Interior Department Temporarily Bans Drilling on Public Lands

Image: Pixaby

by Amy Lupica, ODP Staff Writer

Two days into the Biden administration, the Interior Department has announced a federal block on oil and gas drilling on public lands. Pending the Senate confirmation of nominee Deb Haaland, acting Interior Secretary Scott de la Vega signed an order barring any new leasing, drilling, or mining on public lands for the next 60 days. Advocates hope that this order is only the first step in fulfilling a Biden campaign promise to ban all oil and gas drilling on public lands.

Why This Matters: During his term, former President Trump rolled back protections for public lands across the country including two National Monuments in Utah, the Tongass National Forest in Alaska, and the Arctic National Wildlife Refuge. He attempted, and in some cases failed, to lease these public lands out to drilling, mining, logging, and other development. 

His assault on these public lands threatened wildlife, crucial ecosystems, and Indigenous sovereignty. The Biden Administration prioritizing public lands in the first days of his presidency gives the public hope that the administration will follow through on not only its promise to fight climate change but also to work with and lift up Indigenous communities.

What’s Next?

Advocacy groups are optimistic. “For four years, the Trump administration cut legal corners and rushed through massive drilling and mining projects at the behest of corporations. Now the Biden administration is rightfully attempting to take stock of the damage and make sure the agency is following the law, instead of rubber-stamping destructive projects that were in the pipeline,” said Jesse Prentice-Dunn, policy director at the Center for Western Priorities. Once confirmed as Secretary, Haaland will have more power to further protections of public lands and solidify the Interior Department’s long-term plan.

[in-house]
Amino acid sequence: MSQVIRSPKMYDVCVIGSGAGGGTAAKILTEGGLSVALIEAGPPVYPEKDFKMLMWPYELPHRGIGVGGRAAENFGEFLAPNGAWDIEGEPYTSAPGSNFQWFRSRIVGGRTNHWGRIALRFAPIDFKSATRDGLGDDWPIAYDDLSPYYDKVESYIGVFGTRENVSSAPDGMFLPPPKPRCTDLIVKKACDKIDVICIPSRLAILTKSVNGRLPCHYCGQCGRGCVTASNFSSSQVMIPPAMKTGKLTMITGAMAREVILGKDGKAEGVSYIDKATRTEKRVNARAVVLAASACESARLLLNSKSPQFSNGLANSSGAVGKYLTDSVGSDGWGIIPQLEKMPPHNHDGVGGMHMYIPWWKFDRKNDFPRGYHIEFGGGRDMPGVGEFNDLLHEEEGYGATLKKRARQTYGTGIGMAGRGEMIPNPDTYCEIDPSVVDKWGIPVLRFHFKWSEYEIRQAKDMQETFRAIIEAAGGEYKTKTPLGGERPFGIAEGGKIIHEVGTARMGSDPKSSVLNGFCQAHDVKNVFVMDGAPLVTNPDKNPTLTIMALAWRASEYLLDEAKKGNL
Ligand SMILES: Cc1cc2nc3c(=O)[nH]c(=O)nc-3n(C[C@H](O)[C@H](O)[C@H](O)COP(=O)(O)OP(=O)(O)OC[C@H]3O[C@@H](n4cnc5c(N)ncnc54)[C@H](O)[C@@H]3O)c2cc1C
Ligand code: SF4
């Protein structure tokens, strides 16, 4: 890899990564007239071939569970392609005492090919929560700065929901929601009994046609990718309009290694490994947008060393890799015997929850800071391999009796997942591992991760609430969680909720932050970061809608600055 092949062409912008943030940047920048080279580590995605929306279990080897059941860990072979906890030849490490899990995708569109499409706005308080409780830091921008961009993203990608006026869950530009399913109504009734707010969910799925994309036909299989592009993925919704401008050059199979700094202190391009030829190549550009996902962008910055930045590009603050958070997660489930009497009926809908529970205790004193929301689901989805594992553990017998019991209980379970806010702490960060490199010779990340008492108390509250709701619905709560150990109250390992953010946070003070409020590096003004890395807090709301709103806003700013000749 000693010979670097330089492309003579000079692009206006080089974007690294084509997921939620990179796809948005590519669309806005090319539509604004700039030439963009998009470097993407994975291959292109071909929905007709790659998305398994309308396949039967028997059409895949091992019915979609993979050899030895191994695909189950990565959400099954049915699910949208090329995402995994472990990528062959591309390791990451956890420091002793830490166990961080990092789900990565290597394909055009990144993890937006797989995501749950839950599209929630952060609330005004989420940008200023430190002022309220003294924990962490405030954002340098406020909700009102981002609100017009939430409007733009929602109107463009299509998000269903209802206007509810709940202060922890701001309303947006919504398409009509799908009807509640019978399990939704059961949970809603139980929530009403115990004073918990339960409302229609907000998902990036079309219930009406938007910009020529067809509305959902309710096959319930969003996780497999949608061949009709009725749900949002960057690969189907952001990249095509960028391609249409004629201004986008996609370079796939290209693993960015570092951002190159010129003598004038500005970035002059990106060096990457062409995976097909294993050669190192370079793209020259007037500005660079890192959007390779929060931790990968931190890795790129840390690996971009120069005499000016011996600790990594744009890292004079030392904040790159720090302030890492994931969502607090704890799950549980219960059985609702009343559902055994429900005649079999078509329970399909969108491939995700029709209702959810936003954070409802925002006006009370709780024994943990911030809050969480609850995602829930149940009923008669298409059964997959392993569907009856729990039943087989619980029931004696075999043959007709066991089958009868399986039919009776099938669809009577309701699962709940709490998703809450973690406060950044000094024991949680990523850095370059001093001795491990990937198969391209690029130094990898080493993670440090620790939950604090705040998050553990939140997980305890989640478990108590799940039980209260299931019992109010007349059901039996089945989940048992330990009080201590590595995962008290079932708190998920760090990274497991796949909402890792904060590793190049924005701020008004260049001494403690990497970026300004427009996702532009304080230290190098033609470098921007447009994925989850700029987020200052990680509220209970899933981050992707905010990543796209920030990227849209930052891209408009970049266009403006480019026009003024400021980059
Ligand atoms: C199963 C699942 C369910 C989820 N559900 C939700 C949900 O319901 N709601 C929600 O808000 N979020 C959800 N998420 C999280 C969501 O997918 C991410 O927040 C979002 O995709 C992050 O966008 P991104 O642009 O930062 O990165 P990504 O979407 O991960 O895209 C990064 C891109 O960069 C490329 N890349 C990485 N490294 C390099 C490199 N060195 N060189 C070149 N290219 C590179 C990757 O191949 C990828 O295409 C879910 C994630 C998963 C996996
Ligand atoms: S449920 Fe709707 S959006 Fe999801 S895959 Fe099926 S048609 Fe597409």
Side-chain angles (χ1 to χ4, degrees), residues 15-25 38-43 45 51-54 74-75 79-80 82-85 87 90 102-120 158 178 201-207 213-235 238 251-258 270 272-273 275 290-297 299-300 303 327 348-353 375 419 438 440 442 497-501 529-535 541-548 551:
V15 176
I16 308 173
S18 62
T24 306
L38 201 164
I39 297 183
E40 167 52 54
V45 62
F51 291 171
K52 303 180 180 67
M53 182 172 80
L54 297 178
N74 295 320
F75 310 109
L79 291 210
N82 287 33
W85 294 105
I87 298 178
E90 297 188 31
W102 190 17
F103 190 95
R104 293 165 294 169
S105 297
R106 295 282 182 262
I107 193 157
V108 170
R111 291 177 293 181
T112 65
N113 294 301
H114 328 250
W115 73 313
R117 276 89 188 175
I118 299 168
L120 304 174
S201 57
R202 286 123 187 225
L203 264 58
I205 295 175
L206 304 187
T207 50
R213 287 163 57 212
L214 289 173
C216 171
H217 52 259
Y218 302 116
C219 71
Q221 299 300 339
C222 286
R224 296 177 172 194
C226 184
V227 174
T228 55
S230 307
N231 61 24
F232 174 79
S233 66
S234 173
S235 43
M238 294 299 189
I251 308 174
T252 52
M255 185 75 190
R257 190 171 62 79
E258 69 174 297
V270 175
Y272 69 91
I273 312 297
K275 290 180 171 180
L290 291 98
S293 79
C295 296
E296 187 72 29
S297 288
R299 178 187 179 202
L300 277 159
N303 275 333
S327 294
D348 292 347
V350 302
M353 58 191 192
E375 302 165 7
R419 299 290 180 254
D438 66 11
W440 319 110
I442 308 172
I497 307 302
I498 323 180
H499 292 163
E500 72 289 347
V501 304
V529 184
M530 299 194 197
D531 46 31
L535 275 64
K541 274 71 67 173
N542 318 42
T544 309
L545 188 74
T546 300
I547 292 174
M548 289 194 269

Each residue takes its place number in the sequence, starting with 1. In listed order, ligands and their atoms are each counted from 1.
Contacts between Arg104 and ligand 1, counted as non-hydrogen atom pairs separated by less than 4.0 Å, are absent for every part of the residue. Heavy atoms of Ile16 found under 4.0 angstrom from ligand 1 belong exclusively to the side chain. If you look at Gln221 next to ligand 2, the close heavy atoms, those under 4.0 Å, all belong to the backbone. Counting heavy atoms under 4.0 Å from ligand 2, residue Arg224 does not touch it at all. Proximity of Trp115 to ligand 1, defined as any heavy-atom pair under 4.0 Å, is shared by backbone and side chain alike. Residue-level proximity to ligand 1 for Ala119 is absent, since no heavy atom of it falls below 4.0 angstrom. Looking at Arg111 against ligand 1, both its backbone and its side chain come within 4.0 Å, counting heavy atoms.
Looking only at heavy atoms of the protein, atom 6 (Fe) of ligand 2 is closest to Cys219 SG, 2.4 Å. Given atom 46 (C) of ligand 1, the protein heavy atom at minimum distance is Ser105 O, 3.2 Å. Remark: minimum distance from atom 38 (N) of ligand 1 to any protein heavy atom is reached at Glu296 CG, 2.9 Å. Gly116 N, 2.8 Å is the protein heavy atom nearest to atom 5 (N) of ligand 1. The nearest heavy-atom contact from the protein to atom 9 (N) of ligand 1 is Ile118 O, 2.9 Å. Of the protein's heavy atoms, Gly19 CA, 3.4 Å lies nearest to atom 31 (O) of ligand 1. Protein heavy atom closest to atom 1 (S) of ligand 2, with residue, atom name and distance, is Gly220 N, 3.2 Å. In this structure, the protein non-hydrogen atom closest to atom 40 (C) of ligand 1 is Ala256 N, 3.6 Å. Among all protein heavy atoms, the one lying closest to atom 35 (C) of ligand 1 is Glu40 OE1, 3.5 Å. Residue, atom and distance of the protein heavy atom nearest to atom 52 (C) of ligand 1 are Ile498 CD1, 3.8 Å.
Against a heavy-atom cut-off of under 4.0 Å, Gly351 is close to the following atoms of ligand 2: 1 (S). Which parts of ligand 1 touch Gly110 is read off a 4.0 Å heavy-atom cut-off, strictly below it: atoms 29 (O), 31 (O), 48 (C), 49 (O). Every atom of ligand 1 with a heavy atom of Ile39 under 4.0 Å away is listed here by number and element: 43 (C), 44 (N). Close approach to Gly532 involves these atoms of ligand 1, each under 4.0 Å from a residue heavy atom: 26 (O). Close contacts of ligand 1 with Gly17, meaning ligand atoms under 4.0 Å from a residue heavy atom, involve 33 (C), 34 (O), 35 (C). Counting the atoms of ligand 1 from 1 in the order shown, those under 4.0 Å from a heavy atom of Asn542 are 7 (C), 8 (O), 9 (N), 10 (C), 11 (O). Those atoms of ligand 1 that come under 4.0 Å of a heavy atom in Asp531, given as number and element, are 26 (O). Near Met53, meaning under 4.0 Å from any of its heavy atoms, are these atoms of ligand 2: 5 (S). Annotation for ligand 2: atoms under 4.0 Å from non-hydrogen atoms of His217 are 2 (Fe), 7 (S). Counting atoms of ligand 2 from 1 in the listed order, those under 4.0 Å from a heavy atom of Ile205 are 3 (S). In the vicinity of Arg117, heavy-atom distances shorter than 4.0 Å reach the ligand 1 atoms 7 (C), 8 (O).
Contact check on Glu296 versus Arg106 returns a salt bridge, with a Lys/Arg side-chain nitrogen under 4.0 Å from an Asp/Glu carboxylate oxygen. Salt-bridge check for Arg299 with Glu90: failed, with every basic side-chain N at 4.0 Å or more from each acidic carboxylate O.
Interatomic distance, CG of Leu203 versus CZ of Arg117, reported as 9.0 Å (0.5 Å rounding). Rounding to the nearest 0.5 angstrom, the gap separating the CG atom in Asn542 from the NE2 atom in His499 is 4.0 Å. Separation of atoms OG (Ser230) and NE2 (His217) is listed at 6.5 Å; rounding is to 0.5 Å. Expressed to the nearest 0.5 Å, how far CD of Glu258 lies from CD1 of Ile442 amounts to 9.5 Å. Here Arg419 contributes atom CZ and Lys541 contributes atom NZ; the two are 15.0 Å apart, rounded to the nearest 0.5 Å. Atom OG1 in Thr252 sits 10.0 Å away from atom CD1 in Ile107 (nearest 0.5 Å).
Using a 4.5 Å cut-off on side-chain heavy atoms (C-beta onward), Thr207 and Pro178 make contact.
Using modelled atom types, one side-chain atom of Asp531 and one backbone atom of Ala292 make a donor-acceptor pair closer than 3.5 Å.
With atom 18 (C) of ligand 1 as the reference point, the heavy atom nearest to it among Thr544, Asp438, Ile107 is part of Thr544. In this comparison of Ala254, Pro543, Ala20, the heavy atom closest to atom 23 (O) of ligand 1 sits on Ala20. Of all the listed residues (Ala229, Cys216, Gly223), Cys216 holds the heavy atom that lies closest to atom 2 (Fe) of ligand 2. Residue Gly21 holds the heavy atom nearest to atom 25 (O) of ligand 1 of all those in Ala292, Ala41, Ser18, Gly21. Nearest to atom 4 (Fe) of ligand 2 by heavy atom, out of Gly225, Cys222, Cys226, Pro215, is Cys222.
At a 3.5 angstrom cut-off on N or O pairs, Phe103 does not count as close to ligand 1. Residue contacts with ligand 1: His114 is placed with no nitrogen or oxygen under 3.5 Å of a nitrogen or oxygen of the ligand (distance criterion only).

• Part of that plan may include restoring tribal lands to Indigenous groups and reversing Trump administration rollbacks of Obama era policies.
  • The Biden-Harris official plan for Tribal Nations aims to streamline the process of putting public lands into trust on behalf of tribes.

The Resistance: The fossil fuel industry is less than happy about the temporary ban and sees it as a move against American energy independence. Mike Sommers, President and CEO of The American Petroleum Institute (API) said in a statement, “Restricting development on federal lands and waters is nothing more than an ‘import more oil’ policy. Energy demand will continue to rise — especially as the economy recovers — and we can choose to produce that energy here in the United States or rely on foreign countries hostile to American interests.” He asserted that banning drilling on public lands would “only serve to hurt local communities,” but the Biden administration has a plan to fight that. 

In addition to creating millions of clean energy jobs, the Biden administration has promised to lift up Indigenous communities by creating more than 250,000 local jobs to plug oil and gas wells reclaim abandoned coal, hard rock, and uranium mines.

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